cal economic situations and the relation of religion to them; Sociologyâ€”an introduction to the study of group cultures and processes.
Evening lectures, open to the general public, will deal with the issues having to do with the relations of church and state, under the following heads: Church and state in the United States, presented by a Catholic, a Jew and a Protestant on successive evenings; popular movements formenting intolerance; religious liberty in the United States, and racial theories and propaganda.
President Tyler Dennett of Williams College in a letter to the committee, which was read by chairman Newton D. Baker, who presided, reported the action of the board of trustees of Williams College to the effect that the program for the institute will be formulated by a committee including leader of the National Conference and representatives of the college faculty.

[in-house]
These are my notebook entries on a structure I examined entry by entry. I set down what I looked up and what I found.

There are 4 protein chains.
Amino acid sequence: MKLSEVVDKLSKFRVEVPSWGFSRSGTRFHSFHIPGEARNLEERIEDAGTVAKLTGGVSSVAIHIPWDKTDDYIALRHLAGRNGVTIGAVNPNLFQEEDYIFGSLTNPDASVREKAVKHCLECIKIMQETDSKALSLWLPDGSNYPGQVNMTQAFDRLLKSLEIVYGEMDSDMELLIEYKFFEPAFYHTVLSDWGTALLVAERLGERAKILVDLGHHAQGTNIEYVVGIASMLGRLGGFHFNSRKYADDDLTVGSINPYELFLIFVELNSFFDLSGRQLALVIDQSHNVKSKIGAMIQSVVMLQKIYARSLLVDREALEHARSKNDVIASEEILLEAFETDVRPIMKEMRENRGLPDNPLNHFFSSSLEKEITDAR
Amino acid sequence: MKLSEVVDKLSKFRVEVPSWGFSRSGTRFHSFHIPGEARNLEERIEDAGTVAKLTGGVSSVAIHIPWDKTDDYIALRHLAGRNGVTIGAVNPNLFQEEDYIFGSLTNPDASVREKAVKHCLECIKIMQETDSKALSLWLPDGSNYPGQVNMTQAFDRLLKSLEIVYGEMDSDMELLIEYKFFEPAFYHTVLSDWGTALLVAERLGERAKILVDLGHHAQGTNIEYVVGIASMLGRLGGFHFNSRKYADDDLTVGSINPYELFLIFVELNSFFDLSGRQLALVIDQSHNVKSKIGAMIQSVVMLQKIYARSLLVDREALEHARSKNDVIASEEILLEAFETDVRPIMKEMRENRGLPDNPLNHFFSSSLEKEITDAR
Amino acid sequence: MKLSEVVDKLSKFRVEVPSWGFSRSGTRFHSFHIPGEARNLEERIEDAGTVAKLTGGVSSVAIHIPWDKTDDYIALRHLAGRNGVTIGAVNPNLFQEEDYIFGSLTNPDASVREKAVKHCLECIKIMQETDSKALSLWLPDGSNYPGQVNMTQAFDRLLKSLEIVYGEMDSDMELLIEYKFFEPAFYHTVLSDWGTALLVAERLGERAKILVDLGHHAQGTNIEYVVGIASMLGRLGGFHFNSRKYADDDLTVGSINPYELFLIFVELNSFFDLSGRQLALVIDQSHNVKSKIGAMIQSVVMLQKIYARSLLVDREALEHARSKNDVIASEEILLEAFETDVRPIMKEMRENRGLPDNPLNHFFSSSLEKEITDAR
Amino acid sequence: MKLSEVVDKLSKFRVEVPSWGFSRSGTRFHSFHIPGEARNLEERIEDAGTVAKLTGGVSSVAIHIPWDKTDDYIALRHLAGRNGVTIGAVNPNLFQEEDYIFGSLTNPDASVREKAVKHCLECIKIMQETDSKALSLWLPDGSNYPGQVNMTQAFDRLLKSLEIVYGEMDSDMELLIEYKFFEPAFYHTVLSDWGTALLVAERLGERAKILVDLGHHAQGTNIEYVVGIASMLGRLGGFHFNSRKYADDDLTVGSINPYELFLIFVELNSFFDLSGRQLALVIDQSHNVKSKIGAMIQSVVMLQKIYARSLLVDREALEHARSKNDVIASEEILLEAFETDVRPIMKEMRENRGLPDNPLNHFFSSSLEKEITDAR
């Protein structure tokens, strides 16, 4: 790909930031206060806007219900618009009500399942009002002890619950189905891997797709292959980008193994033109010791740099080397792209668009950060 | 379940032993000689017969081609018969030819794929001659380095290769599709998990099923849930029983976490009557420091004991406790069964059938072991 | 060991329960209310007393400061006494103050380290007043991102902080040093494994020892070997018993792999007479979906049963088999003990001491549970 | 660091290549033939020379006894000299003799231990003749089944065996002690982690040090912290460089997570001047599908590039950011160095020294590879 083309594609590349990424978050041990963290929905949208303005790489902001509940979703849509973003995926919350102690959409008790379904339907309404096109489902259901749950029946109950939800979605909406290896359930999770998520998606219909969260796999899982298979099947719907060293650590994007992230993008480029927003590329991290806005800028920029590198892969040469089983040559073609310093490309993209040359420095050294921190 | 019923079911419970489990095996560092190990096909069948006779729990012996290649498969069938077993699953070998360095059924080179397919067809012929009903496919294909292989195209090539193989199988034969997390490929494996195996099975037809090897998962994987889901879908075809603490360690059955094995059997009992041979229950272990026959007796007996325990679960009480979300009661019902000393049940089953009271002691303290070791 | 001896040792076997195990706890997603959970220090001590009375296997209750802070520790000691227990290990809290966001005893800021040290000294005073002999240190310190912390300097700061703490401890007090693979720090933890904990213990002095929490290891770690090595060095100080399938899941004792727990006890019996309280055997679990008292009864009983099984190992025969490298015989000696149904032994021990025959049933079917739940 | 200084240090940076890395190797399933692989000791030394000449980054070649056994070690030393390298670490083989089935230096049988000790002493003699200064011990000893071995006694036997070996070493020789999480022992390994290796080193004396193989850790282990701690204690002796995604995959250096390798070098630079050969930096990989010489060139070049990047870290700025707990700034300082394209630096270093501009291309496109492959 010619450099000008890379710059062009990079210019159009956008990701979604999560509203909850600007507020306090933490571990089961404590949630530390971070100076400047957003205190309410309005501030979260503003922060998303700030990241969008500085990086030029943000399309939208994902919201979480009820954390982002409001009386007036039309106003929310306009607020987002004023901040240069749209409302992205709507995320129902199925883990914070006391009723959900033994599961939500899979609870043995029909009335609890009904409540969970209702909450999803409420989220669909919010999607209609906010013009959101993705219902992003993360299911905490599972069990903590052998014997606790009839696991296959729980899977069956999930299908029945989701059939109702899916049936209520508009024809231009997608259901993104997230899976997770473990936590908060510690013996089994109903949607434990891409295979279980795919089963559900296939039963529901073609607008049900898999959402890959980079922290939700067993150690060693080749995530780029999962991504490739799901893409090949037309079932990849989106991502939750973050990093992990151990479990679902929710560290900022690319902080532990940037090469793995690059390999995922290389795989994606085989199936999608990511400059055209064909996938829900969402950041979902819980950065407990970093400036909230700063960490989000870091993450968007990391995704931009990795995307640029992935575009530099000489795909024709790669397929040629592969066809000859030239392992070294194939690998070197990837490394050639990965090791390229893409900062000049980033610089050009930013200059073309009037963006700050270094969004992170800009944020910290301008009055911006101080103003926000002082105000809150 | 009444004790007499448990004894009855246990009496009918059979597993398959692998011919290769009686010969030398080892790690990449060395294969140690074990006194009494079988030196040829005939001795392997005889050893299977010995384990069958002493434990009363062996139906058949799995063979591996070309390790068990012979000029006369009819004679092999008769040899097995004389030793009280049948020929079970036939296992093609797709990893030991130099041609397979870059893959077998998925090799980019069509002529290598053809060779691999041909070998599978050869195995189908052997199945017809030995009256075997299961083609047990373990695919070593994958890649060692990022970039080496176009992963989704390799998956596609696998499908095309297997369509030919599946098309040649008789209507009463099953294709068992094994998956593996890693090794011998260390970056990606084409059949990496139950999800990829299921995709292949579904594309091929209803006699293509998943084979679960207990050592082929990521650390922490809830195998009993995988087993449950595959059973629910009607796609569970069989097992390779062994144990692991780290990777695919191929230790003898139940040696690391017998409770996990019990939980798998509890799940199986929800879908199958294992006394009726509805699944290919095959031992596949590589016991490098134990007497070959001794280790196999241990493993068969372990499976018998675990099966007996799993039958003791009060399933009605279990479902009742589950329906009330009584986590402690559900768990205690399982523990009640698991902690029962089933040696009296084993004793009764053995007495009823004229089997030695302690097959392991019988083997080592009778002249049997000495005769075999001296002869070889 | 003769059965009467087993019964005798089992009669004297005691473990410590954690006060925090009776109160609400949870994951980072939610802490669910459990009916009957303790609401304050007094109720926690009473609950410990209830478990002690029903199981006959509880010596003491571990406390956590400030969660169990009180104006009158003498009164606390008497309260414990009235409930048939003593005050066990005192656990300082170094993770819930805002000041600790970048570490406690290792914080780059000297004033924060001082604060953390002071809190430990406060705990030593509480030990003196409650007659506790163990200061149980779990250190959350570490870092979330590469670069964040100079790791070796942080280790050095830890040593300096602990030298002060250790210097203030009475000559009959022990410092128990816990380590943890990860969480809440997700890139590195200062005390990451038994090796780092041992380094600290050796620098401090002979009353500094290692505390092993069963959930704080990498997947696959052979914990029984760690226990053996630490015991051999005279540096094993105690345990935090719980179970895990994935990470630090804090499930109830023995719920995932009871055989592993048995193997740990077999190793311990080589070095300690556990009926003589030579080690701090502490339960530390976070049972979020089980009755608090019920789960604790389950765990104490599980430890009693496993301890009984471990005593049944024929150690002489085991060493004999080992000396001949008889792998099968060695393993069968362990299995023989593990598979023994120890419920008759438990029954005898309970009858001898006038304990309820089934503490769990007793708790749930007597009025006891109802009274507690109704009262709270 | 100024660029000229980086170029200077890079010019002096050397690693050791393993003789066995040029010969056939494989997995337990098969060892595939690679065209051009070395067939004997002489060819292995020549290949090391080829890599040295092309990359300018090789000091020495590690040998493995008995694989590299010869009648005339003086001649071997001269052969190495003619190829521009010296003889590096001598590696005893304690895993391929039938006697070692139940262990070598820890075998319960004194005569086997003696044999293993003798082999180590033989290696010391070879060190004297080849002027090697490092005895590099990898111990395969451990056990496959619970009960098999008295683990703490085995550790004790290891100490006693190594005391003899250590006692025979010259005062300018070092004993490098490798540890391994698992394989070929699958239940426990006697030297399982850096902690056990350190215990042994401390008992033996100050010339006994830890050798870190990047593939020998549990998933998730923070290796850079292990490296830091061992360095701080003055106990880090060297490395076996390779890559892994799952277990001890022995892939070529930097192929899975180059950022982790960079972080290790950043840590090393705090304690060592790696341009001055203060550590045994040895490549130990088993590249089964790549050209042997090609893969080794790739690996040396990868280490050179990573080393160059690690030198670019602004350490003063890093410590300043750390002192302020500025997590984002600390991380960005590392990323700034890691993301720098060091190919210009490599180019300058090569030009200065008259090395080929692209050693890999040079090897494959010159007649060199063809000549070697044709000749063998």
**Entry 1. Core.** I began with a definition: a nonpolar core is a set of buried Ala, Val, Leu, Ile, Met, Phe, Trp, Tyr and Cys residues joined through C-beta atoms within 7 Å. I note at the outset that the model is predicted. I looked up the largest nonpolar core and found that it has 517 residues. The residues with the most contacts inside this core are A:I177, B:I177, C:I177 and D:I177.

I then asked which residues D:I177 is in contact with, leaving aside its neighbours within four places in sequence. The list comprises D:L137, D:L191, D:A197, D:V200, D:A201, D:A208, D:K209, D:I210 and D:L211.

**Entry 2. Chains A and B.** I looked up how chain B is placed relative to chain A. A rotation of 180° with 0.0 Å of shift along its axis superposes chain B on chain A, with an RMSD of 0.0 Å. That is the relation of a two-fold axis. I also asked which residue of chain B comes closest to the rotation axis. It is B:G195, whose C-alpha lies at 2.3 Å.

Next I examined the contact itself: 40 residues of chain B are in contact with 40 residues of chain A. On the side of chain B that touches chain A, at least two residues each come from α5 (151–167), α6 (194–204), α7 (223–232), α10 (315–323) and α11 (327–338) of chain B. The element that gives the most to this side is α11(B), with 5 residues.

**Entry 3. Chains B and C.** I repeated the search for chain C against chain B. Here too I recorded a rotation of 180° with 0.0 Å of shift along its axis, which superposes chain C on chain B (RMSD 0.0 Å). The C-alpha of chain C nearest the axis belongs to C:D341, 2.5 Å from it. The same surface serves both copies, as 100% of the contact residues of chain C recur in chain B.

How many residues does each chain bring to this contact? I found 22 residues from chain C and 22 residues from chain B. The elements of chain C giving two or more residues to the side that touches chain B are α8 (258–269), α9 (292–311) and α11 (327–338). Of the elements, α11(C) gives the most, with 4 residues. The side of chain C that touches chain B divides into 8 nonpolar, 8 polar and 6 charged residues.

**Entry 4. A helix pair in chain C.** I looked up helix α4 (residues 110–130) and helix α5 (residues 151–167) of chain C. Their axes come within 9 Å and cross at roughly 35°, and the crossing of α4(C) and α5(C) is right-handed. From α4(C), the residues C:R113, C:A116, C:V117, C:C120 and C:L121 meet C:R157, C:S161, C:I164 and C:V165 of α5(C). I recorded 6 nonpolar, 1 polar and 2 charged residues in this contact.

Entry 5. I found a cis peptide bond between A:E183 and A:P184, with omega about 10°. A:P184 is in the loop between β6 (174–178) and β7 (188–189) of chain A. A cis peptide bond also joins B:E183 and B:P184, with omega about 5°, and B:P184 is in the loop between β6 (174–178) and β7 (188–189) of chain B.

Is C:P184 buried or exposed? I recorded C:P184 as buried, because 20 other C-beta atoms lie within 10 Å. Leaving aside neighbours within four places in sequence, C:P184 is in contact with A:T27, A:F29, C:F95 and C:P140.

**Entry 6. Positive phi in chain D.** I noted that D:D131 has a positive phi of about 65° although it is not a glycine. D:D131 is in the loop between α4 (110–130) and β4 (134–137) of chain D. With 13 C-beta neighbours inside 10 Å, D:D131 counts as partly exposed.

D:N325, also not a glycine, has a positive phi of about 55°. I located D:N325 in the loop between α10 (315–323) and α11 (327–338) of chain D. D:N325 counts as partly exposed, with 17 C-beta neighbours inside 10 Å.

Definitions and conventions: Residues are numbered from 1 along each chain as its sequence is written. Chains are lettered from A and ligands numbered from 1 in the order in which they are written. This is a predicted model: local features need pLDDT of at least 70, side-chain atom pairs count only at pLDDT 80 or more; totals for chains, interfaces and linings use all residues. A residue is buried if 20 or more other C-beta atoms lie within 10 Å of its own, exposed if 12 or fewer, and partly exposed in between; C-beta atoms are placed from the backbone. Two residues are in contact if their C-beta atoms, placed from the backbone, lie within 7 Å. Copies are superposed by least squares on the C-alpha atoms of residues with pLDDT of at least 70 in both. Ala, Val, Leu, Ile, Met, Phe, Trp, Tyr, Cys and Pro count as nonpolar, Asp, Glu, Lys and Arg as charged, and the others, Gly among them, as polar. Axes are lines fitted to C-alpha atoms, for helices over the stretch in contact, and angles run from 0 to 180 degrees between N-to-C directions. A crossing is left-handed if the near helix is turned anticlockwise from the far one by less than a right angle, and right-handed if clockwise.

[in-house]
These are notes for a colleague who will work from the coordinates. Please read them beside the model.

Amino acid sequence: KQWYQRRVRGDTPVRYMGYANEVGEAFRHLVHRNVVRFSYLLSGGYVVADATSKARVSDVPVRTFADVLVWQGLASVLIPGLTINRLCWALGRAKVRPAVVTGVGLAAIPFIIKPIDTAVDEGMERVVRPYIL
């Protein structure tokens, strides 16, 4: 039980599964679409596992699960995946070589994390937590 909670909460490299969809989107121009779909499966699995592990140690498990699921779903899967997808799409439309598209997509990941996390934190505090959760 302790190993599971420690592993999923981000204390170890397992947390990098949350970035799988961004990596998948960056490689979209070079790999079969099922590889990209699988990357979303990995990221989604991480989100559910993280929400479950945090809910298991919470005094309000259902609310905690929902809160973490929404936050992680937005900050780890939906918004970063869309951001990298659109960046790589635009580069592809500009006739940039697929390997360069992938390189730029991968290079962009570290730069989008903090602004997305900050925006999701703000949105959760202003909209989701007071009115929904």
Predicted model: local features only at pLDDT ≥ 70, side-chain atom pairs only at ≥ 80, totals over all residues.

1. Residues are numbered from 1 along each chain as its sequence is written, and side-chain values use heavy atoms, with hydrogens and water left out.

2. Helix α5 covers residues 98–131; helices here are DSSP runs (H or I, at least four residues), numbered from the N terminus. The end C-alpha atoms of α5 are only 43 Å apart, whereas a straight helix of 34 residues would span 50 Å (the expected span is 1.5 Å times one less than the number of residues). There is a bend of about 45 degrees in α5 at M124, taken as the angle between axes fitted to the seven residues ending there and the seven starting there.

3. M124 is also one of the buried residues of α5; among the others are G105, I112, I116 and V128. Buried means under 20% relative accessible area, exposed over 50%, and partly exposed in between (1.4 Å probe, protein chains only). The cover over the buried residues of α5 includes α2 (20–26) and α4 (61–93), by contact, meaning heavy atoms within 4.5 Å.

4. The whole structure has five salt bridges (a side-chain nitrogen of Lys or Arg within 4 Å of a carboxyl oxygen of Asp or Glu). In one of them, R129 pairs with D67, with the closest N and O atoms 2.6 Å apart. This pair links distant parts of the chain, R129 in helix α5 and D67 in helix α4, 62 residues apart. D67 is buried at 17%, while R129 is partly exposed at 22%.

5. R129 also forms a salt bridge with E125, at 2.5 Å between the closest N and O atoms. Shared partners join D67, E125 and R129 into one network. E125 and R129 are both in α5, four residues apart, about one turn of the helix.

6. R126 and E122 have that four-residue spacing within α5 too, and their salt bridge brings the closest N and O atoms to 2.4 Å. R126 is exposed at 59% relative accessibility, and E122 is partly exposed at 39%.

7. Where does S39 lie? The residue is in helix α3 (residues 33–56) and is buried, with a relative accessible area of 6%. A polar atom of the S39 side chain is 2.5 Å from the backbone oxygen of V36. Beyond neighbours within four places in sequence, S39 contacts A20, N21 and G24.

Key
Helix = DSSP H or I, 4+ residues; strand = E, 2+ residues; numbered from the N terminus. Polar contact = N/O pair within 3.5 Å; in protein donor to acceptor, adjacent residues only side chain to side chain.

In announcing the institute, Mr. Baker said:
“We must know one another as we are all members of the crew of the same ship. Our cooperation is necessary for the safety of the ship and every ignorance and every prejudice among us is a danger. The Williamstown Institute we are organizing will be as free as a college campus and we hope a# productive of loyalty to and sympathy for high things.” Co-chairmen with Mr. Baker are Roger W. Straus and Professor Carlton J. H. Hayes.
Three hundred communities in this country are now engaged in experimentation on social educational procedures and demonstrations of the technique for improving inter-group relations, the co-chairmen reported.